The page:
Since the days of Stalin, getting shipped off to Siberia hasn’t been anyone’s idea of a good time. But thanks to Russian trade protectionism and a weak Ruble, French yogurt maker Danone and a whole bunch of cows have had no choice but to make the trek to the hinterlands.  

Nearly 5,000 Holstein cows will travel some 2,800 miles by truck from the Netherlands and Germany all the way to a farm near Tyumen to begin producing milk that can be used domestically. Russian president Vladimir Putin placed a ban on EU cheese back in 2014, and demand for domestic dairy has surged. In addition to this disruption of the dairy supply chain, a weak Ruble (down about 25% from early 2016) has sent prices spiraling upward. According to Charlie Capetti, the head of Danone in Russia says that this more expensive raw milk has “put products such as yogurt under pressure.”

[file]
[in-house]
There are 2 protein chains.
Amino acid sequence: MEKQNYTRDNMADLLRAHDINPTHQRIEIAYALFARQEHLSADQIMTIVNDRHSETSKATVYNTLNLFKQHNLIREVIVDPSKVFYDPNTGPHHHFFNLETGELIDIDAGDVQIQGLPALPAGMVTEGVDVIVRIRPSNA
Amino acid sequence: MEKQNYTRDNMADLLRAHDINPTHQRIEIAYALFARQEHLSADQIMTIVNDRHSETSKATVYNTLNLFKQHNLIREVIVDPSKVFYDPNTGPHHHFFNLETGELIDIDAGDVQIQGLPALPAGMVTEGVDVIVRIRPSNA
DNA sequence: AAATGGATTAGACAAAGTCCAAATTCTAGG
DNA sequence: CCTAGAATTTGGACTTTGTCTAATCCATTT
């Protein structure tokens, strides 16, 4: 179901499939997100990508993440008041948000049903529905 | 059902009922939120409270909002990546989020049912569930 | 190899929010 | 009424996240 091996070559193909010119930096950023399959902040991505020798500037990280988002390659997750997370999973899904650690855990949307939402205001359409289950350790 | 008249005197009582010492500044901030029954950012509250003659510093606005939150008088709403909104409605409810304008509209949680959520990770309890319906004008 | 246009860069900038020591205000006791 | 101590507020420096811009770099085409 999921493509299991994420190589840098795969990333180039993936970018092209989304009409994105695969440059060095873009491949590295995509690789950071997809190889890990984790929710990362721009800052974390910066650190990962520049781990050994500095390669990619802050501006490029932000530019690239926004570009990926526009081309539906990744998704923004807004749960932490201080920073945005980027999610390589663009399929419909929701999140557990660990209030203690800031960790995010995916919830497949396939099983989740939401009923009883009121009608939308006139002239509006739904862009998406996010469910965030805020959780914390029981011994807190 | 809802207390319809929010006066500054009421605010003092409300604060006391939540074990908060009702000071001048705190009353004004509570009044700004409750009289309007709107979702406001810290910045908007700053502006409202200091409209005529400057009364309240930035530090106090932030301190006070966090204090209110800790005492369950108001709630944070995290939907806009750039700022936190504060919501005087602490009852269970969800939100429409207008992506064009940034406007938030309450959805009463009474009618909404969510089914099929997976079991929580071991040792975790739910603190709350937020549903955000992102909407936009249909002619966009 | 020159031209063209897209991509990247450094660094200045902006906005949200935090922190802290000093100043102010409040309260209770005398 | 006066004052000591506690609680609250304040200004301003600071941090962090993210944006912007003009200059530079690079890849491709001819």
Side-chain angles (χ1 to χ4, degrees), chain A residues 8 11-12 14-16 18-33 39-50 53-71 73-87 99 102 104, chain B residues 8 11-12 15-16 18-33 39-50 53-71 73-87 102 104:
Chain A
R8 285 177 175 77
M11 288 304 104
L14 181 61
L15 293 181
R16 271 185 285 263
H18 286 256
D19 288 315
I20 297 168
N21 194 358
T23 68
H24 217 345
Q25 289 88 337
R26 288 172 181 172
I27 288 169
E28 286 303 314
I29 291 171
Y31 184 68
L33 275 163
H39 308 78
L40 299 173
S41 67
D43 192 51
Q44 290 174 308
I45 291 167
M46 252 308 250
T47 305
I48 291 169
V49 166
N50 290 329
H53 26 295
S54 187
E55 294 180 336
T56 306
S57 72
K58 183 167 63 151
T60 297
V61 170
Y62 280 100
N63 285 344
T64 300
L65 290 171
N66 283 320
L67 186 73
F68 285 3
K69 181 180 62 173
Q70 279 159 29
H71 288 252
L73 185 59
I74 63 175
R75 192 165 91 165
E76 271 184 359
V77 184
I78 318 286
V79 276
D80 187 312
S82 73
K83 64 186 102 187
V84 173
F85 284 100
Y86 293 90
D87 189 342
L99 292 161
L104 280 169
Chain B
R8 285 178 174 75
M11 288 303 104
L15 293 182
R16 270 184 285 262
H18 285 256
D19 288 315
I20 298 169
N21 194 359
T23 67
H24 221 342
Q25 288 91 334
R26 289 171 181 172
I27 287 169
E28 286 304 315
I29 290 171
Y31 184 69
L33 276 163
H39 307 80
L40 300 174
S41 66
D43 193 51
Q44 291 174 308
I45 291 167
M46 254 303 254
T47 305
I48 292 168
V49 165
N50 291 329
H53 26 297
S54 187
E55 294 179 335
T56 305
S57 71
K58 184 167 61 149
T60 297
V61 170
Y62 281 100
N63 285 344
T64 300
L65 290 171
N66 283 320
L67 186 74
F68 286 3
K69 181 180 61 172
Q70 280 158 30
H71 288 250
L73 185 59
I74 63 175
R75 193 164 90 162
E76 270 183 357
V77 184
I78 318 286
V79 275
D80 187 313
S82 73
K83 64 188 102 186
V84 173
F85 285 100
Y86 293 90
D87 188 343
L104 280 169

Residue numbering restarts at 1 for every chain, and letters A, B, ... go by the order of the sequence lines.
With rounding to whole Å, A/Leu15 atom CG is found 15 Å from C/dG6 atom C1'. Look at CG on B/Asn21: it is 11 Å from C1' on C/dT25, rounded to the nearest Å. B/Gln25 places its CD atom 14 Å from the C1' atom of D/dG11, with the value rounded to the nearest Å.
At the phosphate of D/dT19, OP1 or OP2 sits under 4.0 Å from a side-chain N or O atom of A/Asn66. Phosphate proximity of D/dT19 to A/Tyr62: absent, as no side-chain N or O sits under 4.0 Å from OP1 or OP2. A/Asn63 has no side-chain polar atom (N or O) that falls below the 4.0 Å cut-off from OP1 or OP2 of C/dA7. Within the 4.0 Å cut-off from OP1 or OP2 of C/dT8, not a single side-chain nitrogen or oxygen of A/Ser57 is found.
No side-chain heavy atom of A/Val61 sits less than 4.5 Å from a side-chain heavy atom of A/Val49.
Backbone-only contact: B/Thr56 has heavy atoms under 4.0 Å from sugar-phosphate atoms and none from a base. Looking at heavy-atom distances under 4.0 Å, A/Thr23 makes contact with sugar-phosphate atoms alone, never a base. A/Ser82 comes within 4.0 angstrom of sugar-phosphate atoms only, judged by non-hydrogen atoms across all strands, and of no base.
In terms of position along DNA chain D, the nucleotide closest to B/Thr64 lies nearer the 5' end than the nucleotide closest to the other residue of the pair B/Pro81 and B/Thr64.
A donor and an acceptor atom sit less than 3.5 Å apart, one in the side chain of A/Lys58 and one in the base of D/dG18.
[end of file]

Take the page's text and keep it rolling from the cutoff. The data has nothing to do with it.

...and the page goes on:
Making this kind of international agricultural investment isn’t a normal part of Danone’s playbook, but desperate times have called for desperate measures. To house the Holsteins, they’ve invested in a 60 hectare farm with the help of local dairy purveyor Damate. So far, the strategy is paying off: the first crop of cows began yielding milk in May, and production should kick into high gear once the last group arrives next month. 

Capetti says that expanding supply should help bring milk prices back down to earth, but he doesn’t see a broader economic recovery for Russia— which has struggled since the Ruble first crashed in 2014— in the cards any time soon. At least now there will be enough yogurt and cheese to tide them over in the meantime.